This is only the second book in the series but I can see it being as successful as Vera and Shetland. I hope there will be more.

A Slow Fire Burning by Paula Hawkins – Blog Tour Review.

About The Book

‘What is wrong with you?’

Laura has spent most of her life being judged. She’s seen as hot-tempered, troubled, a loner. Some even call her dangerous.

Miriam knows that just because Laura is witnessed leaving the scene of a horrific murder with blood on her clothes, that doesn’t mean she’s a killer. Bitter experience has taught her how easy it is to get caught in the wrong place at the wrong time.

Carla is reeling from the brutal murder of her nephew. She trusts no one: good people are capable of terrible deeds. But how far will she go to find peace?

Innocent or guilty, everyone is damaged. Some are damaged enough to kill.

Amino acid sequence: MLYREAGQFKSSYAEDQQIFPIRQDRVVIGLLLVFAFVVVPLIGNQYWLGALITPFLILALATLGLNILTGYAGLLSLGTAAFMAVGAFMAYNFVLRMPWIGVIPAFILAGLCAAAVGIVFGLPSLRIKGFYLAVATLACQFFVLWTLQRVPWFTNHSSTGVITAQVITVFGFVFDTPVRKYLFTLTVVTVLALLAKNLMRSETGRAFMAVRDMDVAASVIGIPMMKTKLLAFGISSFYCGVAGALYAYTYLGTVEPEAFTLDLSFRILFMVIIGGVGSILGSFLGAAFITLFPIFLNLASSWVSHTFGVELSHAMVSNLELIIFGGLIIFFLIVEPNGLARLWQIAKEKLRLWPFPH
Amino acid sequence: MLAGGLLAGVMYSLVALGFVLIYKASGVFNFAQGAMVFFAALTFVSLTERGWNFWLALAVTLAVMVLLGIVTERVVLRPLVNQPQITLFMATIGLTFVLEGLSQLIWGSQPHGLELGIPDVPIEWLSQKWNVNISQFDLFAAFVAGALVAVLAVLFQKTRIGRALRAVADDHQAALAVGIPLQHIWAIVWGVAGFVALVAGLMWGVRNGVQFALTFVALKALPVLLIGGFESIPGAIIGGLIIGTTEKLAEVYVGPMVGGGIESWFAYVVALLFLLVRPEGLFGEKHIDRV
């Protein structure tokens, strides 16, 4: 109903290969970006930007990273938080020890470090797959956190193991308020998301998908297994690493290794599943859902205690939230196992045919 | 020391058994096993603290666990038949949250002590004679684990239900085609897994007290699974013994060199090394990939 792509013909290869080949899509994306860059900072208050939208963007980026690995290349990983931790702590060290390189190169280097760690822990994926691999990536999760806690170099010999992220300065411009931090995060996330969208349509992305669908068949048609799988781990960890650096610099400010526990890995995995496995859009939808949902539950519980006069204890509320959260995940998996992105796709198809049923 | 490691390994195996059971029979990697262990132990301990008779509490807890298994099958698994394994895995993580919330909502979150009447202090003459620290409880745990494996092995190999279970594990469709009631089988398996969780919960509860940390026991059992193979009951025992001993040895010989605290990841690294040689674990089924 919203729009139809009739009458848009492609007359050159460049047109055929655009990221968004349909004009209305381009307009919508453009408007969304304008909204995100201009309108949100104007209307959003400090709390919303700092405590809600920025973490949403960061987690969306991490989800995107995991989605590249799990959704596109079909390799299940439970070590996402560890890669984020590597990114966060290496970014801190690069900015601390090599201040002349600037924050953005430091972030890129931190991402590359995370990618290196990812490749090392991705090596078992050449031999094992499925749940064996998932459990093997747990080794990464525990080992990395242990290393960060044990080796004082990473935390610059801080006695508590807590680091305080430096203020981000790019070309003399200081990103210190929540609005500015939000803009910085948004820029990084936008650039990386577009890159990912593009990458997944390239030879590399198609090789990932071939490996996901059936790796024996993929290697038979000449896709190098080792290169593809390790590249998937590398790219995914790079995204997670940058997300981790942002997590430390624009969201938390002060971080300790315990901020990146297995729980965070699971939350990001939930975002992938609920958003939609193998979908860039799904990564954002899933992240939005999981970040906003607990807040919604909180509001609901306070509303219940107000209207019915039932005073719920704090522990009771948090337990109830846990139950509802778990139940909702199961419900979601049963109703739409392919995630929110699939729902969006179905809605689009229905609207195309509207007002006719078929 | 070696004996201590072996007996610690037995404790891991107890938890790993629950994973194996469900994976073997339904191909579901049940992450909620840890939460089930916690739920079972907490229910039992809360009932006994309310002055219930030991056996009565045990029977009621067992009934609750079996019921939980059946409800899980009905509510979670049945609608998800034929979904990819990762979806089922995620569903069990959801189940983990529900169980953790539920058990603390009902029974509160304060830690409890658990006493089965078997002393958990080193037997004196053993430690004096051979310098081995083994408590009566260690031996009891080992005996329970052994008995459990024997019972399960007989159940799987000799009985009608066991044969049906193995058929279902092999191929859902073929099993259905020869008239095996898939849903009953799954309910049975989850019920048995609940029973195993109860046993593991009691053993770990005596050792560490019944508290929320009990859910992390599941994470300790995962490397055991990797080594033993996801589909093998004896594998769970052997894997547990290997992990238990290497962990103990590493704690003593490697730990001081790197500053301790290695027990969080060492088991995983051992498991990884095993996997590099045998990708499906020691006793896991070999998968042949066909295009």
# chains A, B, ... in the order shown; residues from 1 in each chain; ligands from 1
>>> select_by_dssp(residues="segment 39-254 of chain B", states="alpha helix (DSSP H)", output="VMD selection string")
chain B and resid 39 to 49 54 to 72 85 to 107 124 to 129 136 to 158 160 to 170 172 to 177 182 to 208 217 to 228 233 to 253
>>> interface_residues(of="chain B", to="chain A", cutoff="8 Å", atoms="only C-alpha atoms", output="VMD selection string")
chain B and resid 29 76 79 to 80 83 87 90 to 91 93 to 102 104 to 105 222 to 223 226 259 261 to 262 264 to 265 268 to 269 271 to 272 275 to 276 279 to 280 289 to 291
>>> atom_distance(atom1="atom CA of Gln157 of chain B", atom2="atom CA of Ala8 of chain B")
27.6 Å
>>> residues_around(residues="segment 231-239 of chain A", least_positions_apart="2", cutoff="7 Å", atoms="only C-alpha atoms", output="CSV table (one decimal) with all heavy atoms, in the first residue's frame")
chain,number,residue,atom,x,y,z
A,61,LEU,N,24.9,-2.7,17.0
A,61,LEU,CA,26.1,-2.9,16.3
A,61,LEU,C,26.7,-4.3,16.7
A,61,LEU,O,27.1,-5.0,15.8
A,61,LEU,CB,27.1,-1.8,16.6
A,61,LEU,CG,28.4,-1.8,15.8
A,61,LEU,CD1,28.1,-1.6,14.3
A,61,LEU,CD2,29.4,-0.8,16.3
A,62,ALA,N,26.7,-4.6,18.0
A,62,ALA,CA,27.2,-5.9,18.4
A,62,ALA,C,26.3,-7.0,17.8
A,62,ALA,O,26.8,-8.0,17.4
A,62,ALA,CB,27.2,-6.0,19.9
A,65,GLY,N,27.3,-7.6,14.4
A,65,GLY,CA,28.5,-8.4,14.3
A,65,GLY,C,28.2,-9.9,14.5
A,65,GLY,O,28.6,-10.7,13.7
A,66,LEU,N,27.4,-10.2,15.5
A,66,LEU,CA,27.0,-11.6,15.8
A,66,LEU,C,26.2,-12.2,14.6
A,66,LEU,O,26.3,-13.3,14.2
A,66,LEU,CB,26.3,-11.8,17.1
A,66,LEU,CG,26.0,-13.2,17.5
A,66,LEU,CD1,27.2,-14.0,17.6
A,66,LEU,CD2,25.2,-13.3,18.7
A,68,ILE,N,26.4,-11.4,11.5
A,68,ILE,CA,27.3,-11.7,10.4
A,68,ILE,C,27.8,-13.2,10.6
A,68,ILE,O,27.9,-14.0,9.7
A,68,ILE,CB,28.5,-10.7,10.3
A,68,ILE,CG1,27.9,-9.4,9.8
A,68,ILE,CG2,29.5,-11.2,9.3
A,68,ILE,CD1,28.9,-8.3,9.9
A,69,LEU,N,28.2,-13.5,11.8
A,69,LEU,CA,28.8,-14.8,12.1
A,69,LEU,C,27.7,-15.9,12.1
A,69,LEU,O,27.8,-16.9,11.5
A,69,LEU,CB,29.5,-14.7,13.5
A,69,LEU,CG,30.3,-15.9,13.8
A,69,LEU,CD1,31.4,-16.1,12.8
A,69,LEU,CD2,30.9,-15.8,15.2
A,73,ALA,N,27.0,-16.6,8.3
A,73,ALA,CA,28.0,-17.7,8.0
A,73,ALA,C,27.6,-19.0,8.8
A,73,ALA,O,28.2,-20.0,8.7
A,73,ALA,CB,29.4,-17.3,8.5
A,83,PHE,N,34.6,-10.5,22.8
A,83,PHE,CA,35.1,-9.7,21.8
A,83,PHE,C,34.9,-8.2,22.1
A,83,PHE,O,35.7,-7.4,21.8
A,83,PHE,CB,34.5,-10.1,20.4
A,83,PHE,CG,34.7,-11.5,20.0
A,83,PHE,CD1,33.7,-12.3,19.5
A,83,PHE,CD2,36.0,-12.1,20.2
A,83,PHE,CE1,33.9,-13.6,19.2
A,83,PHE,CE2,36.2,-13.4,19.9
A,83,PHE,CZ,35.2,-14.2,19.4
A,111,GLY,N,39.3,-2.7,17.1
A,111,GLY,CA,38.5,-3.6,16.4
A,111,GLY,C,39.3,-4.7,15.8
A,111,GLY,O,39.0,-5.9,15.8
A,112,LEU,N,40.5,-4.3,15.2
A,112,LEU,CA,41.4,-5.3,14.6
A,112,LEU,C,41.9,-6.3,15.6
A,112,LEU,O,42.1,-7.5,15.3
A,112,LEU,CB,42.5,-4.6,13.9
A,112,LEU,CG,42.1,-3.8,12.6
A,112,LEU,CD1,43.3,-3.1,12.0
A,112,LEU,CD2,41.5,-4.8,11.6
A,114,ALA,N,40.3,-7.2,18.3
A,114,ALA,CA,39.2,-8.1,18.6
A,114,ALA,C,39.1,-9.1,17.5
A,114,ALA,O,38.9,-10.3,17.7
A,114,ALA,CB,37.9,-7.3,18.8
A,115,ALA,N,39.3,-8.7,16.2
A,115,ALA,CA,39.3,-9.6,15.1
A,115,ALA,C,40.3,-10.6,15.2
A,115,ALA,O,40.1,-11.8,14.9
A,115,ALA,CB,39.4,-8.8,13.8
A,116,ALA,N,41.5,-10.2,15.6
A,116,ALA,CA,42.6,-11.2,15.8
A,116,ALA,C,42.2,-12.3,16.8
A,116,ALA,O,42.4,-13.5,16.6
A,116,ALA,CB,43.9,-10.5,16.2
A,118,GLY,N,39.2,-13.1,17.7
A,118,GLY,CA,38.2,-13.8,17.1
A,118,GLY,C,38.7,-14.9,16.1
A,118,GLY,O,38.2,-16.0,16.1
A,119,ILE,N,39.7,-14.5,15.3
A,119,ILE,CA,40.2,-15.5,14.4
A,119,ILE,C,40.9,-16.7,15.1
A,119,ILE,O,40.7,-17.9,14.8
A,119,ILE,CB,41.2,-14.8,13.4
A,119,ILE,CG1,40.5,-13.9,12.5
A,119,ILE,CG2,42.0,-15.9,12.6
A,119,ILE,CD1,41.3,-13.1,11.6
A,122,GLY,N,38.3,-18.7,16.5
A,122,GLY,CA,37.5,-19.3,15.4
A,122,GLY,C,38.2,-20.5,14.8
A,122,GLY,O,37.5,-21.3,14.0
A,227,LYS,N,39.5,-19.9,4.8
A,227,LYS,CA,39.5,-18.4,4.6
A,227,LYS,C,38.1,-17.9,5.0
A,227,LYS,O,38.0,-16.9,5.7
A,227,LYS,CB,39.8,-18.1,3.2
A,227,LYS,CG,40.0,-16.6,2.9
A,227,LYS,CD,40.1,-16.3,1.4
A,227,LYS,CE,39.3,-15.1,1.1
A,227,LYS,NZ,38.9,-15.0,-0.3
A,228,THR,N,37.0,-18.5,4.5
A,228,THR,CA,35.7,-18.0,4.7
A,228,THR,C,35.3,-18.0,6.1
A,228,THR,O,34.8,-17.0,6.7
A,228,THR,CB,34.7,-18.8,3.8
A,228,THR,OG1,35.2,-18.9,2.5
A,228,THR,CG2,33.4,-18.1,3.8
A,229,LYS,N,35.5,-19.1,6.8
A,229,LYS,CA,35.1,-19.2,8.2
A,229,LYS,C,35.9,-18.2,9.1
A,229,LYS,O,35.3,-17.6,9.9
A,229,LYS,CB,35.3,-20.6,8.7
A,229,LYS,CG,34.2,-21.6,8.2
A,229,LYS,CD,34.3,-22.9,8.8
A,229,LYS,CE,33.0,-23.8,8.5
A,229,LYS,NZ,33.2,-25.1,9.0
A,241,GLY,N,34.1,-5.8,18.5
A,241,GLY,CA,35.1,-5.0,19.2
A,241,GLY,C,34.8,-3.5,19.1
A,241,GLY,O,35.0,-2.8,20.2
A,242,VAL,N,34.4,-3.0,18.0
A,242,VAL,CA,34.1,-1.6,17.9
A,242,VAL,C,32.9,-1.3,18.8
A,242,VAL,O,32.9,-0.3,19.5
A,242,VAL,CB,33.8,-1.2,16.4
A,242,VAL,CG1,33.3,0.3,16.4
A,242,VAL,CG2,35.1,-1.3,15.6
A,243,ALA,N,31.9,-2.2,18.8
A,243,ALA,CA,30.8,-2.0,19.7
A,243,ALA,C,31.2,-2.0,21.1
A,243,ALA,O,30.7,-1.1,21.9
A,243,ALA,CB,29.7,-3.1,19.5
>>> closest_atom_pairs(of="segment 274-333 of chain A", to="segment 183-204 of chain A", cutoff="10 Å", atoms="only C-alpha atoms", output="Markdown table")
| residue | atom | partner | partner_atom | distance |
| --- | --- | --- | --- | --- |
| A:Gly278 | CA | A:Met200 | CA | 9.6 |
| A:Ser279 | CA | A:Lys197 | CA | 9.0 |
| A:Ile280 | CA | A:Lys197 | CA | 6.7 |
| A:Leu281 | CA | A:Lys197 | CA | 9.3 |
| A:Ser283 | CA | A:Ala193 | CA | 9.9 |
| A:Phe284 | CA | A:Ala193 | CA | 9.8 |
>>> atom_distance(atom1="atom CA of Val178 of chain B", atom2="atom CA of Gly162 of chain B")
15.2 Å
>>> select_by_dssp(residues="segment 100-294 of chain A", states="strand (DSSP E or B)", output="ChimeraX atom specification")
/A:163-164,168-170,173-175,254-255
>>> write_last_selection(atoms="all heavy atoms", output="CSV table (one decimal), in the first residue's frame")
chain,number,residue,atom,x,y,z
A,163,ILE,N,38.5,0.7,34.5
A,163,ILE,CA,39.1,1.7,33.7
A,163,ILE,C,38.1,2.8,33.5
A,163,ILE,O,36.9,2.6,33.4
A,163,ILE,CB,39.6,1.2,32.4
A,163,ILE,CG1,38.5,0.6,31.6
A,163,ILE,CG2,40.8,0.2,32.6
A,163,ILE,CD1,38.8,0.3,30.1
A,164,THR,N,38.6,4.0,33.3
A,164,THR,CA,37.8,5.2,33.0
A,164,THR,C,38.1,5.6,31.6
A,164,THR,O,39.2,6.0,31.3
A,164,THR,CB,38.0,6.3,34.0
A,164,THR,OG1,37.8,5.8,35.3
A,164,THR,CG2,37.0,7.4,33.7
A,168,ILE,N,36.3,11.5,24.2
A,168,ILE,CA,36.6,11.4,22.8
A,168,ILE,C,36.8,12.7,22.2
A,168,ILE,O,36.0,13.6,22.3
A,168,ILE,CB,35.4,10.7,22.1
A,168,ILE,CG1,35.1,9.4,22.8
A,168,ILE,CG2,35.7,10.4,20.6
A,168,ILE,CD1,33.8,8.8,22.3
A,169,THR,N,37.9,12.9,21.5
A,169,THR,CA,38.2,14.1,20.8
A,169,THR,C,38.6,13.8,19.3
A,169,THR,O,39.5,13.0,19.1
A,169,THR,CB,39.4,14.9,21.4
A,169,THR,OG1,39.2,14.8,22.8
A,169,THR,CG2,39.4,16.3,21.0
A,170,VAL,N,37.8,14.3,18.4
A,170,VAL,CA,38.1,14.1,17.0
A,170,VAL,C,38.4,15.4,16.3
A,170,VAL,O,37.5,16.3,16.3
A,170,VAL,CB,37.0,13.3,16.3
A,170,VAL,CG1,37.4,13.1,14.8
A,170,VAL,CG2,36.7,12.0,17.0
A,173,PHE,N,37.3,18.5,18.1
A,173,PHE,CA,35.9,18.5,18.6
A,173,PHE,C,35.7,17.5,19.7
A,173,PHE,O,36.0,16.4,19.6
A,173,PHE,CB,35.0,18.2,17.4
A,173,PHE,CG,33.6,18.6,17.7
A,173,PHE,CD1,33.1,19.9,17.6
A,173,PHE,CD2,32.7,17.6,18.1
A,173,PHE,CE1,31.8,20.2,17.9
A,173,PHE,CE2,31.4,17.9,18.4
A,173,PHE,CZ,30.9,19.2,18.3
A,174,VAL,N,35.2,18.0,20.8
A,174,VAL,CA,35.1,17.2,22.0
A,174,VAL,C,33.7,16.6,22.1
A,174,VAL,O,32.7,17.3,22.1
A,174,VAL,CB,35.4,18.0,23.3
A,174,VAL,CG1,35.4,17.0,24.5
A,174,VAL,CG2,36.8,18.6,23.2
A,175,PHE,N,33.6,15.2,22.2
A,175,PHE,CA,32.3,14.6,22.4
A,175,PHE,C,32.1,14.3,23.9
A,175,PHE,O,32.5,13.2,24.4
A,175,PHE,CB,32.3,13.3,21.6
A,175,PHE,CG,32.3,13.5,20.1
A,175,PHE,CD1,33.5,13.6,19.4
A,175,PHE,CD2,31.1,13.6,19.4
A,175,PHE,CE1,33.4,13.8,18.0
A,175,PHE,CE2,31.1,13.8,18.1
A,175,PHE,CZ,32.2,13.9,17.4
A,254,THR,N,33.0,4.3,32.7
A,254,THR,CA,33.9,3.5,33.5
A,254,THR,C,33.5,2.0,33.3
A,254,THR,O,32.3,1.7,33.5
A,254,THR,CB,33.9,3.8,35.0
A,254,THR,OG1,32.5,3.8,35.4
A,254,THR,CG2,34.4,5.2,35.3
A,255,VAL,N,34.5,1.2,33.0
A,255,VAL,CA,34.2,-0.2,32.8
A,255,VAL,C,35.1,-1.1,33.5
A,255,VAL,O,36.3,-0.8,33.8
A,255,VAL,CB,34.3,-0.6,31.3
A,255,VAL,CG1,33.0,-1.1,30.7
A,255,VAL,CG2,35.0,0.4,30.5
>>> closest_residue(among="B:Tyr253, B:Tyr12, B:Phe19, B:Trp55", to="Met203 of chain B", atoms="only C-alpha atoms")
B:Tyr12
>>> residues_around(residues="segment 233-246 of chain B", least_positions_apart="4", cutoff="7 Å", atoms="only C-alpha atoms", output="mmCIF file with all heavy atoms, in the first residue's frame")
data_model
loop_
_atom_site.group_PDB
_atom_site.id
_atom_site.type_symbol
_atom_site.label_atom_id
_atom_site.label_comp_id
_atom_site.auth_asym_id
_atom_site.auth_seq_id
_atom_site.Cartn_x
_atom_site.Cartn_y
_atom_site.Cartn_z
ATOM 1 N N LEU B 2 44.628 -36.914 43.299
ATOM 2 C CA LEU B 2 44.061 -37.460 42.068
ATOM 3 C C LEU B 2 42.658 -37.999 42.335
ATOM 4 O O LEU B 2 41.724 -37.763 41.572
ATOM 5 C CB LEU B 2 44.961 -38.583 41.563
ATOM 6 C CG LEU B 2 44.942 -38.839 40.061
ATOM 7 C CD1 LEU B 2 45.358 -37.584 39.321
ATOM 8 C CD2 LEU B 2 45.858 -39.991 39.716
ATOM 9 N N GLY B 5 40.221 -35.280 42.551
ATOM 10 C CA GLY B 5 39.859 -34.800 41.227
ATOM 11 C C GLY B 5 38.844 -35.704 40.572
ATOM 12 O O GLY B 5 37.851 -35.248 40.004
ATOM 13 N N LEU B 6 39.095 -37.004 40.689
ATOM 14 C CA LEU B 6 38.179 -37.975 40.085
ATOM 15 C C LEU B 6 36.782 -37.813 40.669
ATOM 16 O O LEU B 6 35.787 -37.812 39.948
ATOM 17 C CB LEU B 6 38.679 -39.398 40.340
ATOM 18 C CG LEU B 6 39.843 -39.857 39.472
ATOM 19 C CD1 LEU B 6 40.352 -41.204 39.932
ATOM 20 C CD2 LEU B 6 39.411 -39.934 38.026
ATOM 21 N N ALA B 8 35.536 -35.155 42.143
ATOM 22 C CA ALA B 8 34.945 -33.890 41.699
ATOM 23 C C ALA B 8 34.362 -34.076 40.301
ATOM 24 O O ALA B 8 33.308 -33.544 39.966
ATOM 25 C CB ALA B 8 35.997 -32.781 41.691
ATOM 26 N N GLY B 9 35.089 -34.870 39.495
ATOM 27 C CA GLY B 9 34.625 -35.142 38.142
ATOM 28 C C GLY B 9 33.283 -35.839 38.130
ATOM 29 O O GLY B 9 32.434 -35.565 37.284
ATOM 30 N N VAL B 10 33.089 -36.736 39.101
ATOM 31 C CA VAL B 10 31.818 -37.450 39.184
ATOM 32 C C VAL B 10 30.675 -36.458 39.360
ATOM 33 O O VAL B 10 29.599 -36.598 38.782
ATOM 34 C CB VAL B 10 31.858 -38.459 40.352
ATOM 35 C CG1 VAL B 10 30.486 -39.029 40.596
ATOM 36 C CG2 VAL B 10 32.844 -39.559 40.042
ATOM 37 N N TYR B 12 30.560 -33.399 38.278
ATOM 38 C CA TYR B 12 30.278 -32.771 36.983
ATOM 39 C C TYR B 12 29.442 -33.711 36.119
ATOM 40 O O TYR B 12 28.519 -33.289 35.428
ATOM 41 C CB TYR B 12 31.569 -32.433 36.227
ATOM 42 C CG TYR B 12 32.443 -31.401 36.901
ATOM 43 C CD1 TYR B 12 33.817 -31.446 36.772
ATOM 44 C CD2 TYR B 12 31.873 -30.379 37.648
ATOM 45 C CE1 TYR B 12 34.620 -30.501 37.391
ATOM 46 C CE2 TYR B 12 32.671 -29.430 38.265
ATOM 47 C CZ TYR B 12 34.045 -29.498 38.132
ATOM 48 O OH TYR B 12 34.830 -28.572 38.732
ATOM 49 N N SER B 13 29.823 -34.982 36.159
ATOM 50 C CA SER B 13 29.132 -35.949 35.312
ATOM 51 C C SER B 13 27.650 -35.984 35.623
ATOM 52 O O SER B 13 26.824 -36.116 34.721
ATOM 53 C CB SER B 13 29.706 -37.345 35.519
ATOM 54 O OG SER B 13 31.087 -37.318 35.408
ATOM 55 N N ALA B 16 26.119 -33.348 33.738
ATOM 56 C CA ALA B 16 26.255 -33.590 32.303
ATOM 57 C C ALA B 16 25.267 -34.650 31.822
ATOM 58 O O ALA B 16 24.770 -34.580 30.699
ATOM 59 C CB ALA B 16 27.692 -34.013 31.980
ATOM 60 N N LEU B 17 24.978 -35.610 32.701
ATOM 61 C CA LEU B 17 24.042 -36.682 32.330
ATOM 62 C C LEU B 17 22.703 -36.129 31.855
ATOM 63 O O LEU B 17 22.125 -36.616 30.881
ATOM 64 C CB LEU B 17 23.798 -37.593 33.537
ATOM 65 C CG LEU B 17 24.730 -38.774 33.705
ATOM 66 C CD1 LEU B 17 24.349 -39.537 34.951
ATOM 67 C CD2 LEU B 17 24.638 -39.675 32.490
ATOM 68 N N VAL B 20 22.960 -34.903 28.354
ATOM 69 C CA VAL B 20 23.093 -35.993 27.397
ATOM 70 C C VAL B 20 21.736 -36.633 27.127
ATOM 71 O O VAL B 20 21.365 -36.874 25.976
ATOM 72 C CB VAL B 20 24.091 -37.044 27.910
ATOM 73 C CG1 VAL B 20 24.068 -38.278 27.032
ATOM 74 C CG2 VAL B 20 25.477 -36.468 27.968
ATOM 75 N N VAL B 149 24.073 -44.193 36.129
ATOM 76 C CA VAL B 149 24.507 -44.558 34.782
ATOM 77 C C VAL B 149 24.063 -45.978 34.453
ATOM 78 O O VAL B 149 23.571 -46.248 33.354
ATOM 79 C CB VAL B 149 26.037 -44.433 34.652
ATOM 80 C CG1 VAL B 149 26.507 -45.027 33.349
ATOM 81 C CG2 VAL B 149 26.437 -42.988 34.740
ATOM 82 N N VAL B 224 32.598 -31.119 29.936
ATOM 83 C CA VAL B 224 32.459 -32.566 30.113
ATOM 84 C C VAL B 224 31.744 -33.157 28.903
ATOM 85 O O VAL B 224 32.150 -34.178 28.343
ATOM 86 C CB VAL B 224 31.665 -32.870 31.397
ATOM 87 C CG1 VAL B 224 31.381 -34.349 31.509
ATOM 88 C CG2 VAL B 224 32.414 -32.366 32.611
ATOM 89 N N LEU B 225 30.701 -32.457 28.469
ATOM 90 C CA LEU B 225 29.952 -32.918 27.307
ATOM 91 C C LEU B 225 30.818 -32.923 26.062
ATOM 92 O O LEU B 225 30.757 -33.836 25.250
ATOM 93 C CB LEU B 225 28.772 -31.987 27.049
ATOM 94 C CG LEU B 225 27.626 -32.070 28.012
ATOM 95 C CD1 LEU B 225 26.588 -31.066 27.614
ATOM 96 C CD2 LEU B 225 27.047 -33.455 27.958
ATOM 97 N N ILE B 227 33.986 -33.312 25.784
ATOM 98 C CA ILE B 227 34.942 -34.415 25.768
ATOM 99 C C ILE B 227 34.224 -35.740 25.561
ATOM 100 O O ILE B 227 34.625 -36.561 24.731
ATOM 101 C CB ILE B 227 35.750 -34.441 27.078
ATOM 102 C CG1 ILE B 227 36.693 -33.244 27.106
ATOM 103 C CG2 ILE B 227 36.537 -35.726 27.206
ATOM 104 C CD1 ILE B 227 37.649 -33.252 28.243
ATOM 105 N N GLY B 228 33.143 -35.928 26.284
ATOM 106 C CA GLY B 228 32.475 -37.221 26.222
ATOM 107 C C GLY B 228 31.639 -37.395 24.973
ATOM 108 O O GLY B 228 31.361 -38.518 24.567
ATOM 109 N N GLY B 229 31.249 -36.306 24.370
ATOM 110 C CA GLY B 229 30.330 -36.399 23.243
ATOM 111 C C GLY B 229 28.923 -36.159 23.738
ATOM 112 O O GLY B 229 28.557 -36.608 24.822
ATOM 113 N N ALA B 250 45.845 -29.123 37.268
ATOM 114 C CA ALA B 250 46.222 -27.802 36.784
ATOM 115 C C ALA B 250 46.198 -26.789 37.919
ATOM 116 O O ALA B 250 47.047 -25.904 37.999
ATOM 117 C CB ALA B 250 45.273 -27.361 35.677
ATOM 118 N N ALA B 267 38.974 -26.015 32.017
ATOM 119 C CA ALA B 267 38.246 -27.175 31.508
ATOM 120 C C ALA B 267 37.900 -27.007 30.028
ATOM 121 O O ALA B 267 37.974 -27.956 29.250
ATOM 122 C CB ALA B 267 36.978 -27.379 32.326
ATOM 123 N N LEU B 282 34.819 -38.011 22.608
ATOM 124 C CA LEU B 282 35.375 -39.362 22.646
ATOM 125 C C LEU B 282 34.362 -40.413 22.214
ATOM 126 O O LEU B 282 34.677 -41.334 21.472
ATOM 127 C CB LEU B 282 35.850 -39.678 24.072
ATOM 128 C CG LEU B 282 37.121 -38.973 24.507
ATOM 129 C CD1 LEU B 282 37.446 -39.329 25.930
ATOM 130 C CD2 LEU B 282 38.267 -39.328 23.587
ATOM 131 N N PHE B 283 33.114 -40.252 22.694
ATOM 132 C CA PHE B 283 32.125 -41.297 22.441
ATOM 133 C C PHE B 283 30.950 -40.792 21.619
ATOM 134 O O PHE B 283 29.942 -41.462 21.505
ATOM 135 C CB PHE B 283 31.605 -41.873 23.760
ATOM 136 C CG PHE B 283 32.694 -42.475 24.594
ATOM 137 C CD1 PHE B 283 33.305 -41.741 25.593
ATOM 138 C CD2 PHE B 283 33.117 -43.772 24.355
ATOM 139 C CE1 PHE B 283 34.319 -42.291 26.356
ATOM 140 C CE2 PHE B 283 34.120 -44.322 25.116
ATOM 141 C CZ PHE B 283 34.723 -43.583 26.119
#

Look what you started.

My Review

With thanks to the publisher for the copy received. The Girl On The Train was a book I enjoyed reading so I felt that I would like this book. I’m happy to say that I wasn’t  disappointed and in many ways I preferred it.

Told by multiple points of view it shows how a small group of people were affected by the murder of a young man, Daniel, on a canal boat. All knew him and nearly all of them could have been responsible for his murder. And of course all would have a good reason. His character is only there as the victim but they way he is portrayed through memories didn’t show him as a very nice person.